Manchester, England. April 2023 - There are many attributes and skills an employer may look out for when hiring. Perhaps they want someone with creative flair, someone who is punctual and reliable, or a keen problem solver. An individual with experience, qualifications, or someone with a willingness to learn.
But what about someone with a criminal conviction?
While this is unlikely to be at the top of any employer’s wish list, it’s important to note that a conviction does not and should not mean a person is unable to do a good job. Timpson is one of the UK’s largest employers of ex-offenders, with 10% of the workforce having served time. Founder and CEO James Timpson makes no secret of his support and says employing ex-offenders has contributed significantly to the business’s success and positive reputation.
So what happens if you’ve just found out one of your employees has a criminal past?
Alan Price, CEO of BrightHR says, “Firstly, it’s necessary to understand how different types of convictions can impact on various jobs.
“Usually spent convictions – those where a certain period has passed since the conviction – do not need to be disclosed. It’s also unlawful for employers to refuse to hire someone because of a spent conviction. That’s why it’s best to err on the side of caution and avoid asking for such details when hiring.
“However, there are certain roles, for example, solicitors, accountants, teachers, etc. where it is a requirement that all spent convictions be disclosed during the application processes, and applicants may be subject to a criminal record check, like a DBS check.
“If someone is already employed when you find out that they have a conviction that is considered spent in the eyes of the law, it may be that you feel their position is untenable due to the nature of their work and details of their conviction. However, it is automatically unfair to dismiss someone because of a spent conviction if they have been employed for more than two years.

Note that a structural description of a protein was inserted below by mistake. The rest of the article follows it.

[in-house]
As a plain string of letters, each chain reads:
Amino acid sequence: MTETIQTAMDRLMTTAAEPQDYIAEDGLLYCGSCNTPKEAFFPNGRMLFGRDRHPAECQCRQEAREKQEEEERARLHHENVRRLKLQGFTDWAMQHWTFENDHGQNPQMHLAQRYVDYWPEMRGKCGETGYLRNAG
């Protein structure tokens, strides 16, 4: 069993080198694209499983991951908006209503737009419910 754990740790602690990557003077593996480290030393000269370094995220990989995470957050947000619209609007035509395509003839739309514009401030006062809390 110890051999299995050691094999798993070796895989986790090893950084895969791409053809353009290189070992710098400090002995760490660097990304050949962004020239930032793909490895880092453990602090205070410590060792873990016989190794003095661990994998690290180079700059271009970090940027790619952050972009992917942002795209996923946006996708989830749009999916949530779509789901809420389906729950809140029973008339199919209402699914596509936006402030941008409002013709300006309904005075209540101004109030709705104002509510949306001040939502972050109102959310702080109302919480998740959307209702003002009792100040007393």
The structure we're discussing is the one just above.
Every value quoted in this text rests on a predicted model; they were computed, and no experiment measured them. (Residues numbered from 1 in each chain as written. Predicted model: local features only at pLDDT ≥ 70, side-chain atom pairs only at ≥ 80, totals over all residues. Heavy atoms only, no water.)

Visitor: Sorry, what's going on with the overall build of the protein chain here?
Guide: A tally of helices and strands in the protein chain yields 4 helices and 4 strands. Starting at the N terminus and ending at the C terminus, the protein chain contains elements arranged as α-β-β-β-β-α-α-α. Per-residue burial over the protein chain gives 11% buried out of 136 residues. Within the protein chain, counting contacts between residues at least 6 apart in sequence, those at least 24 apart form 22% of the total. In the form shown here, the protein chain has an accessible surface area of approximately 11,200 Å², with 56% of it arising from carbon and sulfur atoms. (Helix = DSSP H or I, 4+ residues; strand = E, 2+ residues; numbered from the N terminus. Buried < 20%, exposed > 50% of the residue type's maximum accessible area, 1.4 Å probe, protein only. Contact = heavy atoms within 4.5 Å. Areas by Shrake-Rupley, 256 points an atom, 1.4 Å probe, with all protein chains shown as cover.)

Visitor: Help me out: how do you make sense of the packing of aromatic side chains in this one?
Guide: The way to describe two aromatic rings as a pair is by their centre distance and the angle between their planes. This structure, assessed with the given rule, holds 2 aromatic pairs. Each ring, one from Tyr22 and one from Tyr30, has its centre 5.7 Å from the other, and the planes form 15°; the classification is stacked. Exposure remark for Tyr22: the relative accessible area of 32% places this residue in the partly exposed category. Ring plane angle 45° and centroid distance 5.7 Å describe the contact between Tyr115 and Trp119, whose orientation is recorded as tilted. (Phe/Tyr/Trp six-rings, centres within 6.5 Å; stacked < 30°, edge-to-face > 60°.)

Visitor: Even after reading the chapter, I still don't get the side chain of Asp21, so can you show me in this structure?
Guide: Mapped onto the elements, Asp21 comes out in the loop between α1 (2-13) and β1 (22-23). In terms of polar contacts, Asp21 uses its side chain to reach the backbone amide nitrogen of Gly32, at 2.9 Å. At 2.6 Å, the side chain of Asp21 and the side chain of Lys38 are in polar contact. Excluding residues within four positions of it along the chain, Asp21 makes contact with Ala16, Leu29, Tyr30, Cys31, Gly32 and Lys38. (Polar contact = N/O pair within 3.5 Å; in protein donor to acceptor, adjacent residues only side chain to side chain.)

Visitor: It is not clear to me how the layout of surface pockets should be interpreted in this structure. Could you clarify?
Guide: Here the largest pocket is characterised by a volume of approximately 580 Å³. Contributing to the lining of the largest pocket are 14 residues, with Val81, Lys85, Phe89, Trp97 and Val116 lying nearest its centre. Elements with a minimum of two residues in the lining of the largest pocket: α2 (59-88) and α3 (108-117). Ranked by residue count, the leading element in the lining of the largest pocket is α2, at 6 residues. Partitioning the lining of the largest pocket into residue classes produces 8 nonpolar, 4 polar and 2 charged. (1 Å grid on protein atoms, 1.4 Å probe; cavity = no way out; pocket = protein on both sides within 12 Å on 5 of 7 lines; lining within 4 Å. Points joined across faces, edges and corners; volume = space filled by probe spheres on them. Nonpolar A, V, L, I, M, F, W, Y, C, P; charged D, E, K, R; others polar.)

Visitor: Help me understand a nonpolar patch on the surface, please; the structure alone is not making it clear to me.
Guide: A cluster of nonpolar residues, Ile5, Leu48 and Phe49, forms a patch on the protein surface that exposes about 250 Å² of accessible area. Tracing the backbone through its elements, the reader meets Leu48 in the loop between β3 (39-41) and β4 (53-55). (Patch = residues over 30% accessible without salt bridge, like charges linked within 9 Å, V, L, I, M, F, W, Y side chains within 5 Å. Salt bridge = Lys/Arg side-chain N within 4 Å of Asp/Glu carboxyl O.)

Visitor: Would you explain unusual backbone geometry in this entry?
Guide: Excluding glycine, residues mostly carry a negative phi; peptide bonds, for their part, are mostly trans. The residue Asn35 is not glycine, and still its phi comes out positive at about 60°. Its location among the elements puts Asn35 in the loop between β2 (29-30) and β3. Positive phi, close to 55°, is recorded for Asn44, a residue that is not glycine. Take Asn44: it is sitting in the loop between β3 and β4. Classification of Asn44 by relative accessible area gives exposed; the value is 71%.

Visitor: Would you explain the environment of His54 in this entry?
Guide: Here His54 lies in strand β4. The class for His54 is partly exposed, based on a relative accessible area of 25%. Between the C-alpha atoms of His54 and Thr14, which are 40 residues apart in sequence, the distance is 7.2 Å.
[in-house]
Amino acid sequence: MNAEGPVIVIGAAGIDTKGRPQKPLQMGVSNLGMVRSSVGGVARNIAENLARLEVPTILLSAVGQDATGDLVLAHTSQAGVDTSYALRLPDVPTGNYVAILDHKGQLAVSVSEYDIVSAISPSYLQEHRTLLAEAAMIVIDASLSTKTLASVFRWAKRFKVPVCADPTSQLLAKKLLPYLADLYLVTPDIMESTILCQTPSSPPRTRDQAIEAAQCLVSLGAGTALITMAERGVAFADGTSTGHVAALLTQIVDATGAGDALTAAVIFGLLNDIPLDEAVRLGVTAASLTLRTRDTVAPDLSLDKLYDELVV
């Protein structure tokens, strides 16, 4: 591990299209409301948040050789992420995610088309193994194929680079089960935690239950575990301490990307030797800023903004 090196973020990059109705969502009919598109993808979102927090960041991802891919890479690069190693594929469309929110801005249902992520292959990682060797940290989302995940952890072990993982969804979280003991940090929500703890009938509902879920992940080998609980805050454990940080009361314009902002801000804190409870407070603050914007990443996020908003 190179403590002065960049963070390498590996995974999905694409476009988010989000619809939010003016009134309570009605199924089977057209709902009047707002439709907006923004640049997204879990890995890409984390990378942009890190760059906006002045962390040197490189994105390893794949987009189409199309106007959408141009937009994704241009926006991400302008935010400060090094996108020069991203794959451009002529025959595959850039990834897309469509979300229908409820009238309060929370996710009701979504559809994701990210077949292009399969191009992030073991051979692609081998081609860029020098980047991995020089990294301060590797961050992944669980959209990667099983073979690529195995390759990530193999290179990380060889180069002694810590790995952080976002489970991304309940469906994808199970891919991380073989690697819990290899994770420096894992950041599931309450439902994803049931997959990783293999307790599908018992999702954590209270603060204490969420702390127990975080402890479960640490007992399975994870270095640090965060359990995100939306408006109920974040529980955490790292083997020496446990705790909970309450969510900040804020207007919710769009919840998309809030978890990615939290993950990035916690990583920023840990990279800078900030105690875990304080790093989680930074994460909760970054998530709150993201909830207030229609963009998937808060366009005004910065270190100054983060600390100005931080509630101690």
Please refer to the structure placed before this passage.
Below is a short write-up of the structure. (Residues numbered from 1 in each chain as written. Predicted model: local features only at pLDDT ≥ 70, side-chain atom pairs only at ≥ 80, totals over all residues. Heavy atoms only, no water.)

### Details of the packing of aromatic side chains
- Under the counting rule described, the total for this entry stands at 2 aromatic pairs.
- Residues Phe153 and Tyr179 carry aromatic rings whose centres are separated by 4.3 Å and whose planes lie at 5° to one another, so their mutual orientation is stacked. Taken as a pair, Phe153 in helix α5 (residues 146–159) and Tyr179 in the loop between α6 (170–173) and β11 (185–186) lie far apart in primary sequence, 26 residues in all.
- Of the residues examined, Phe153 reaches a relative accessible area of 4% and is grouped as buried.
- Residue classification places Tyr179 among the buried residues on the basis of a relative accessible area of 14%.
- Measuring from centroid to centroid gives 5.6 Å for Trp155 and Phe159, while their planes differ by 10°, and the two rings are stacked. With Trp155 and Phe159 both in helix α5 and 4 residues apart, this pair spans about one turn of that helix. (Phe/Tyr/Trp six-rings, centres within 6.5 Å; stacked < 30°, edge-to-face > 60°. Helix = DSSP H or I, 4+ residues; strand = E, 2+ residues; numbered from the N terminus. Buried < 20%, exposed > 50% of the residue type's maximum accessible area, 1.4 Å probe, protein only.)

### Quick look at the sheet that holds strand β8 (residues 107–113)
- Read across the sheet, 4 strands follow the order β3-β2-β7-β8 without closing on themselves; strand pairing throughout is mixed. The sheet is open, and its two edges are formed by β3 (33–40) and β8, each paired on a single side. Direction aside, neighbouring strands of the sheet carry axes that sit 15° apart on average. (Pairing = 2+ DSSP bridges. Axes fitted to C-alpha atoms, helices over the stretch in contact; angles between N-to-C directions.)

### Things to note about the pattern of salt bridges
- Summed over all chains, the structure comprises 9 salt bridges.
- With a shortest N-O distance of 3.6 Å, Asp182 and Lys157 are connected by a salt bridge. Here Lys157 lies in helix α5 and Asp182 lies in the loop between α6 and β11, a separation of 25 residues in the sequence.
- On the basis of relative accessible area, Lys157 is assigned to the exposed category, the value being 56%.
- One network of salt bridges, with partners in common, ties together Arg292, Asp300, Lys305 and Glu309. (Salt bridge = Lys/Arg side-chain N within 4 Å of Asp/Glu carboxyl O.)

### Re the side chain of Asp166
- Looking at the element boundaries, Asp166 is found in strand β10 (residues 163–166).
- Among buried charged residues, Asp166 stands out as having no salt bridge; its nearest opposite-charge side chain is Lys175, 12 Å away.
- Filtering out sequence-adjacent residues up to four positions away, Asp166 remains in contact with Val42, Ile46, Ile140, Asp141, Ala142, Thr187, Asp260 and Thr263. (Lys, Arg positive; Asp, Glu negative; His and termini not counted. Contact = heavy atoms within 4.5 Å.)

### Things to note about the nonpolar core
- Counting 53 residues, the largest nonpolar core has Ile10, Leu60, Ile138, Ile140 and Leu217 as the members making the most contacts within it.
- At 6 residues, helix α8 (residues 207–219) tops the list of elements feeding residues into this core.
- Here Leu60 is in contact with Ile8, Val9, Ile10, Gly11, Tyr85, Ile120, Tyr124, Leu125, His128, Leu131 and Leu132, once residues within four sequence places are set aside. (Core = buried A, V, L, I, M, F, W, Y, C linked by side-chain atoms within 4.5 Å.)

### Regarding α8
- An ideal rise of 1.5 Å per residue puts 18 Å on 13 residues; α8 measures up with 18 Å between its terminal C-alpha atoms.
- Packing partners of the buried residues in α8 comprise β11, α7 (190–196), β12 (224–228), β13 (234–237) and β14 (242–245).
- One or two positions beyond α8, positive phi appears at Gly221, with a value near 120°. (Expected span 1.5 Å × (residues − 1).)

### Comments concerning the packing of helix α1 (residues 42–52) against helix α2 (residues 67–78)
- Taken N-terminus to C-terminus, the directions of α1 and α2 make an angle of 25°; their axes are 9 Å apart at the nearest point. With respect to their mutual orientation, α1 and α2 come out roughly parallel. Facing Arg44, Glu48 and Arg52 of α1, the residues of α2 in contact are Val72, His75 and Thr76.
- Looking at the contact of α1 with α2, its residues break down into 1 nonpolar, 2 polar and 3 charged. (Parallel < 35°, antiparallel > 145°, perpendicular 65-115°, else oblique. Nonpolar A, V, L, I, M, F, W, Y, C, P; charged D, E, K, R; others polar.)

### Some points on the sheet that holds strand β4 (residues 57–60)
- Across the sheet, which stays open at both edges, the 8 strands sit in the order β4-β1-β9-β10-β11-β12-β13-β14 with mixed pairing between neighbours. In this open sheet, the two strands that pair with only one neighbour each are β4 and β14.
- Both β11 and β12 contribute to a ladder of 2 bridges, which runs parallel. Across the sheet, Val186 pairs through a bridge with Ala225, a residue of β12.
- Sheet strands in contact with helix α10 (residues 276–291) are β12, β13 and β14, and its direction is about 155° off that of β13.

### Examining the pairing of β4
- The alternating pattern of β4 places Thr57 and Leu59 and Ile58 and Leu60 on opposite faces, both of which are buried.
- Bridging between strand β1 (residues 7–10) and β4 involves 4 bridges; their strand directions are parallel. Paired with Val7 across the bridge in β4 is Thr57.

“Protection against automatic unfair dismissal normally applies from the first day of employment but there are a few exceptions to this, and dismissal for a spent conviction is one of them. This means that there is little protection for employees against dismissal for a spent conviction within their first two years of employment.
“Because of the rehabilitation of offenders law, it is unlawful to refuse someone work because of a spent conviction, but once they are already employed, their protection against dismissal starts at the two-year point.
“A recent study found that one in three employers would reject a candidate with a criminal record, but it’s important for employers to challenge this bias. Employers could be missing out on valuable employees by automatically discarding applications from candidates with convictions. This could be especially costly given the current challenges in recruitment.
“Four in five businesses say they have problems recruiting workers in recent months. But the government is looking for ways to reduce these difficulties and has launched a new apprenticeship scheme for prisoners to help open up the labour market for employers whilst reducing the likelihood of people reoffending.
“Employers should recognise the success of the ex-offenders recruitment programme and take advantage of the support and resources available to them through it. Initiatives such as this can ease the pressure on organisations whilst also contributing positively to society, a win-win solution.
“Putting aside bias against people with a criminal past can help employers support their local communities whilst also meeting the needs and demands of their business.
“After all, evidence shows that more than 80% of employers of ex-offenders have positively rated their reliability, motivation, attendance, and performance, and over nine in ten employers (92%) say diverse recruitment has enhanced their reputation, helping them win new contracts.
“To discount those with past convictions not only carries the risk of claims being brought against employers, but it also limits the talent pool and overlooks the value of inclusivity and equality.”